Posted on 19/10/2020

#Formalities #Australia

Travel bubble between New Zealand and Australia has started, but it will only be one-sided for now

The travel corridor between Australia and New Zealand has started since Friday, October 16, but it will only be one way at first. People from New Zealand will be able to visit Australia, but it will only include a limited number of destinations - that is New South Wales and the Northern Territory.

The trans-Tasman bubble

The trans-Tasman bubble © Markus Mainka / 123RF

Deputy Prime Minister Michael McCormack said that people who hadn't been in a coronavirus hotspot in New Zealand for the previous two weeks would be allowed in with no quarantine, but for anyone else there will still be the 14 days mandatory quarantine.

He commented: "This is the first stage in what we hope to see as a trans-Tasman bubble between the two countries, not just that state and that territory. I've just got off the phone from (Northern Territory) Chief Minister (Michael) Gunner, who says the fish are biting and the beers are cold. And he wants to see as many of his New Zealand cousins and friends as possible."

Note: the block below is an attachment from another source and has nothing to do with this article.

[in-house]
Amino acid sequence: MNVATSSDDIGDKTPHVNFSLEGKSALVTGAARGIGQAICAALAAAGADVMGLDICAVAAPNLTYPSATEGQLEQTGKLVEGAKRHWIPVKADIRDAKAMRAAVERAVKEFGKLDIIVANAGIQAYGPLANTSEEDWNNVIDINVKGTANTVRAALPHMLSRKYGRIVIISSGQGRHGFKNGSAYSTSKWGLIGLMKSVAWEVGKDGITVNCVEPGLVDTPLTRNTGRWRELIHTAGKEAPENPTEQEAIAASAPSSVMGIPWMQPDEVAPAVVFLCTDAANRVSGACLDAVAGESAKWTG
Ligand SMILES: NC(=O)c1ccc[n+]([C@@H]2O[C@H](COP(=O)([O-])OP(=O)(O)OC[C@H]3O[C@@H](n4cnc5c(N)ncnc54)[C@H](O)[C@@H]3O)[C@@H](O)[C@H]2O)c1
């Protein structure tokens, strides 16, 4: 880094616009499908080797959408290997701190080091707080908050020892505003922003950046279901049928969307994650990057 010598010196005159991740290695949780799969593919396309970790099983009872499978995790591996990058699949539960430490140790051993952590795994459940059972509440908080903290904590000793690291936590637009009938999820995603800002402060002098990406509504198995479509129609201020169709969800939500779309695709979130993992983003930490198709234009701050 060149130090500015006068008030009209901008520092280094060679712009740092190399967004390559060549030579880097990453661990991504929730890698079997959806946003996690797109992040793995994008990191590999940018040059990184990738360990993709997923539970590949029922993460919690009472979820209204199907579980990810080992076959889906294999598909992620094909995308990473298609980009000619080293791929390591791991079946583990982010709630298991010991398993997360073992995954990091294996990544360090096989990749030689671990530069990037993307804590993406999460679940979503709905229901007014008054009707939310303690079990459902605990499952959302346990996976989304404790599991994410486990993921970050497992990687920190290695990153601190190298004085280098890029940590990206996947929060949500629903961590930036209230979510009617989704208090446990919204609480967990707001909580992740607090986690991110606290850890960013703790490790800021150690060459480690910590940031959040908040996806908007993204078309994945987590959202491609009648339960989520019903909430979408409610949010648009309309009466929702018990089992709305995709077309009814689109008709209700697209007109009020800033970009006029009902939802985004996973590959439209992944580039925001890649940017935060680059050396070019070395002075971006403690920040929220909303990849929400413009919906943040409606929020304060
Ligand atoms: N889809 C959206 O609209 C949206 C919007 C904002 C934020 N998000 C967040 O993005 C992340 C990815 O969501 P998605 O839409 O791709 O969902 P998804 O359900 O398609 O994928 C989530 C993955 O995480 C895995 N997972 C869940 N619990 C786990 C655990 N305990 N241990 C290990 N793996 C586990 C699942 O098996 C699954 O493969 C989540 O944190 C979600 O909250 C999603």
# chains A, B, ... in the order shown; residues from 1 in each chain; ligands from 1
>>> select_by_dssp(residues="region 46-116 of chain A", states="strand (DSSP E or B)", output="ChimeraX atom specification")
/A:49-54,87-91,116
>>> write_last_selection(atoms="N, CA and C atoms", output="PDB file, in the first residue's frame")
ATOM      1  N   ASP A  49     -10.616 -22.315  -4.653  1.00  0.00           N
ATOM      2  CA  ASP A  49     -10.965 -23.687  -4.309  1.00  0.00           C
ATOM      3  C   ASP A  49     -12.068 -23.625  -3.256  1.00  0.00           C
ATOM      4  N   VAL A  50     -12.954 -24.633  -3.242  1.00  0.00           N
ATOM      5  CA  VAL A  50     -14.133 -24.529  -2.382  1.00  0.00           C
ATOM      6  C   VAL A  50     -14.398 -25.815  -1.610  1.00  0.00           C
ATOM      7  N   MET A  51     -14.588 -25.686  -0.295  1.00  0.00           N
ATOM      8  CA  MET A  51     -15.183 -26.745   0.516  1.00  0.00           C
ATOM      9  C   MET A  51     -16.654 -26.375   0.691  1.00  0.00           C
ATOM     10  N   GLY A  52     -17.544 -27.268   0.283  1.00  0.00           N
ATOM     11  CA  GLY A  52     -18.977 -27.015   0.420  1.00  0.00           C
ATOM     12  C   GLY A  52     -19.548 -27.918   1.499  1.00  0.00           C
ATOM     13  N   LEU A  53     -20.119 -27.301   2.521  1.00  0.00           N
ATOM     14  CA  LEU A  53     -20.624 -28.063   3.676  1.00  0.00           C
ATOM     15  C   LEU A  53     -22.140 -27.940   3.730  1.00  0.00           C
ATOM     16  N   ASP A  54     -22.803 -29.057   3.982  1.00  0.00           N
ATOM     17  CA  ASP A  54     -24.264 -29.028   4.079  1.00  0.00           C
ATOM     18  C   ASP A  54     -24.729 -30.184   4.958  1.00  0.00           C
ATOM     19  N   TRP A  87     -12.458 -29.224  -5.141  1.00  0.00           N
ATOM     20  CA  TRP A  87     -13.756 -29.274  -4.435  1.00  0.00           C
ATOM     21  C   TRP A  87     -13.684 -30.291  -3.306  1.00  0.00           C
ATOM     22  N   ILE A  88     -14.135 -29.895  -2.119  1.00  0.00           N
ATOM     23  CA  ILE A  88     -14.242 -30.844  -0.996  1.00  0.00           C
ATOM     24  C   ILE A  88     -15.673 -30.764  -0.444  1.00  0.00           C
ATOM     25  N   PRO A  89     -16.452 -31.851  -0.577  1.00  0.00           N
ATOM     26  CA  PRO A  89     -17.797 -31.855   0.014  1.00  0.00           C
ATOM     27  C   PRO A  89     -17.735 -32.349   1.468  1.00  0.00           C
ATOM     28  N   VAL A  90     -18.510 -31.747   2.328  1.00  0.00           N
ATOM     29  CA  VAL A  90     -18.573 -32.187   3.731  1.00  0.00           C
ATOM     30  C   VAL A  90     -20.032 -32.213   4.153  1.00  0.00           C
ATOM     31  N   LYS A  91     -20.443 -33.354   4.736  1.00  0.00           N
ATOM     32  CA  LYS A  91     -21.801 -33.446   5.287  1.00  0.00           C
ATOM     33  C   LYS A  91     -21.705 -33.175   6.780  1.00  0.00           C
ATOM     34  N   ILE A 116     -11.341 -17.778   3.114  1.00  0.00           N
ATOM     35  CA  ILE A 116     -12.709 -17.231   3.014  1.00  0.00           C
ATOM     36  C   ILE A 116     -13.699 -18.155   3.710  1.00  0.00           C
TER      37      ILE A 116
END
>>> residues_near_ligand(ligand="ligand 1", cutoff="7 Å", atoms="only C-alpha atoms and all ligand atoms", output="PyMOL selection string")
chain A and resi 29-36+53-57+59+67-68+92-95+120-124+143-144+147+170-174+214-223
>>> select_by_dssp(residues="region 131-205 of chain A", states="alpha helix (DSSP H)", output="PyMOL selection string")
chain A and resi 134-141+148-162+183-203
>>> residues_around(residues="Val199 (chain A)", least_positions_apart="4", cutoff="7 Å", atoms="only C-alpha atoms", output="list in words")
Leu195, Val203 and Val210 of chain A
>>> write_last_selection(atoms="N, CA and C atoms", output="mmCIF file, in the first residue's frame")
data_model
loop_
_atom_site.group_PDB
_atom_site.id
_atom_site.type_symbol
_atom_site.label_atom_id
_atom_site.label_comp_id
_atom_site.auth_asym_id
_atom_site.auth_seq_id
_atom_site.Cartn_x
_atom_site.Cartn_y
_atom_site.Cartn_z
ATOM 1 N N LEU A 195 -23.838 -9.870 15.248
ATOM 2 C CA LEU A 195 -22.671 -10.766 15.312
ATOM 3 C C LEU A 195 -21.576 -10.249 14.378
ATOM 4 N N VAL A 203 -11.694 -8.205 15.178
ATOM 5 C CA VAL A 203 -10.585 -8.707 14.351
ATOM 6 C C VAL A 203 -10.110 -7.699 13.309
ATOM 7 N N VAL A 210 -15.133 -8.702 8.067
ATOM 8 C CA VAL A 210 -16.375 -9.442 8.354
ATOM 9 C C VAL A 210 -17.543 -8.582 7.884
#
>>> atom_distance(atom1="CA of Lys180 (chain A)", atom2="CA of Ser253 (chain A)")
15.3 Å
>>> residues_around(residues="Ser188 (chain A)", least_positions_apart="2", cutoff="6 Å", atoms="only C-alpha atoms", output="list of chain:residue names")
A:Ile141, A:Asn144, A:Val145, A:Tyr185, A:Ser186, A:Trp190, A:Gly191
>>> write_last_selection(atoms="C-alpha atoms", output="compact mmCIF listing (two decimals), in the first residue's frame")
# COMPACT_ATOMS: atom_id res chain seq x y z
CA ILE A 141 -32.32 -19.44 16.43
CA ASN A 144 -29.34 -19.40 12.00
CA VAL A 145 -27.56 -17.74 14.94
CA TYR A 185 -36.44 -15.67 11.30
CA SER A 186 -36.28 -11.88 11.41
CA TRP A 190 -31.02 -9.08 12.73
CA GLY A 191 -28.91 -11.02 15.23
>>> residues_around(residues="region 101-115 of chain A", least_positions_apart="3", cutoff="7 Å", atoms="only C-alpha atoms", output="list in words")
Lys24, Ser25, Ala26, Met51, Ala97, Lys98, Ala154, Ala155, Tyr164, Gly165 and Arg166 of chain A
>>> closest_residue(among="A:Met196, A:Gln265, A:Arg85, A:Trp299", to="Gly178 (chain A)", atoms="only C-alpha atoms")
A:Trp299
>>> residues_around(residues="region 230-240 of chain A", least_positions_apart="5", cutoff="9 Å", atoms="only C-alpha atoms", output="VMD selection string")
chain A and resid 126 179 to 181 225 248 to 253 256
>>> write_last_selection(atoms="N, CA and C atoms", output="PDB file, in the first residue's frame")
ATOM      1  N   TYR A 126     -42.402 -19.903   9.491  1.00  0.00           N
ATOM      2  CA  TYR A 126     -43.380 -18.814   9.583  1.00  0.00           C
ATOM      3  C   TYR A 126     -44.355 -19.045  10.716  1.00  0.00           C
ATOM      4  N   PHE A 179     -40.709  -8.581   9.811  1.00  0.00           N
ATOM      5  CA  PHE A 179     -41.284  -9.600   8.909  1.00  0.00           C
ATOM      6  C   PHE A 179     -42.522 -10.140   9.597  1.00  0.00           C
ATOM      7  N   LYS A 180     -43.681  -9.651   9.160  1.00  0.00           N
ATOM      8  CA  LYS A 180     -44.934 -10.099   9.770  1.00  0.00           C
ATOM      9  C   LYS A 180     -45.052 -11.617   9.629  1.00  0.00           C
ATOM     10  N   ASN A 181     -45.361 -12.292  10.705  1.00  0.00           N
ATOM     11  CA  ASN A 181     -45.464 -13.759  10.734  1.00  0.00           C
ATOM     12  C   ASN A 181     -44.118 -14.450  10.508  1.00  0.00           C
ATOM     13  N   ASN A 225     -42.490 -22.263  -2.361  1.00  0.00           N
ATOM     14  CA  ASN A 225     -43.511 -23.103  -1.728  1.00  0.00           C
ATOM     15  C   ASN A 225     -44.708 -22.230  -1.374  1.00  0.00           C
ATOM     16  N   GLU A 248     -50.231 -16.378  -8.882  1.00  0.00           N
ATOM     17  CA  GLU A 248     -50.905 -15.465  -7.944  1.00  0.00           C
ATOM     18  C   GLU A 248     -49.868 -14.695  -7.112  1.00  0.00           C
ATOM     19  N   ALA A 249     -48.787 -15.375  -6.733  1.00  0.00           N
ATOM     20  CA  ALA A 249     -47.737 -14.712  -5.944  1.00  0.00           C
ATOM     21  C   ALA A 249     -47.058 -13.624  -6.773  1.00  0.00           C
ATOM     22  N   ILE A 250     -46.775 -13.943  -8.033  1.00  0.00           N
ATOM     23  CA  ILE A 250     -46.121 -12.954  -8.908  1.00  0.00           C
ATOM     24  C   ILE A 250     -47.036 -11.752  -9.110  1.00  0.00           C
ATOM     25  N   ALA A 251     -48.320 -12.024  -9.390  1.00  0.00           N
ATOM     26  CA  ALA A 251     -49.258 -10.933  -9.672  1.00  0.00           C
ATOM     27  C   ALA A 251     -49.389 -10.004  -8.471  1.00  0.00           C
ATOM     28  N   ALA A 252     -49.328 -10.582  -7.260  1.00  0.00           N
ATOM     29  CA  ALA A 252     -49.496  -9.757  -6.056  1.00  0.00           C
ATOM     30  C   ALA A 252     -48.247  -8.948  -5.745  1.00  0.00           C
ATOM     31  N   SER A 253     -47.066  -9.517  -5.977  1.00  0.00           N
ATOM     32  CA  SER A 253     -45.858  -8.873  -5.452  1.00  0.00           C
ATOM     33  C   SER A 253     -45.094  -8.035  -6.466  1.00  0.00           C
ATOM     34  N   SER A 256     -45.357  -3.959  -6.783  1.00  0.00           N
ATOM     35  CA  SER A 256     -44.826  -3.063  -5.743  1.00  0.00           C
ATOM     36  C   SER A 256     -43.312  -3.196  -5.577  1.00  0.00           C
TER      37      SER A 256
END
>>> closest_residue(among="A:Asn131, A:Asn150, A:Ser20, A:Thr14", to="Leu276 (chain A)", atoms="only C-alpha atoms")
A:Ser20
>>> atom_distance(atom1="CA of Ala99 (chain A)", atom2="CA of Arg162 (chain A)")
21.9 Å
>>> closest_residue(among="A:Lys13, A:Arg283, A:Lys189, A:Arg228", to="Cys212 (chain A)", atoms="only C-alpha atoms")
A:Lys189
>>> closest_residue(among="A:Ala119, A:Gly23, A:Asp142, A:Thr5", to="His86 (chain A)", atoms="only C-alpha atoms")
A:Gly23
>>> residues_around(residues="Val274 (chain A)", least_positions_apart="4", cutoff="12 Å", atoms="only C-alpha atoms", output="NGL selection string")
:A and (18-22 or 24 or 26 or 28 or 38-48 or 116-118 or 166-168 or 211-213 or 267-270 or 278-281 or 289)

However, according to New Zealand Prime Minister Jacinda Ardern, those going to Australia will still have to quarantine on their return.

"We will not open the borders for quarantine-free travel with Australia until it is safe to do so because doing it too early risks losing all of the freedoms that we already have in our economy," she announced.

New Zealand is in fact one of the lowest coronavirus infected countries in the world with only 1,848 cases, while Australia has reported 27,371 cases, including a particularly violent outbreak in the city of Melbourne.

She added in a joint statement with Australian prime minister Scott Morrison: "We need to be cautious as we progress this initiative. Neither country wants to see the virus rebound so it's essential any such travel zone is safe. Relaxing travel restrictions at an appropriate time will clearly benefit both countries and demonstrates why getting on top of the virus early is the best strategy for economic recovery."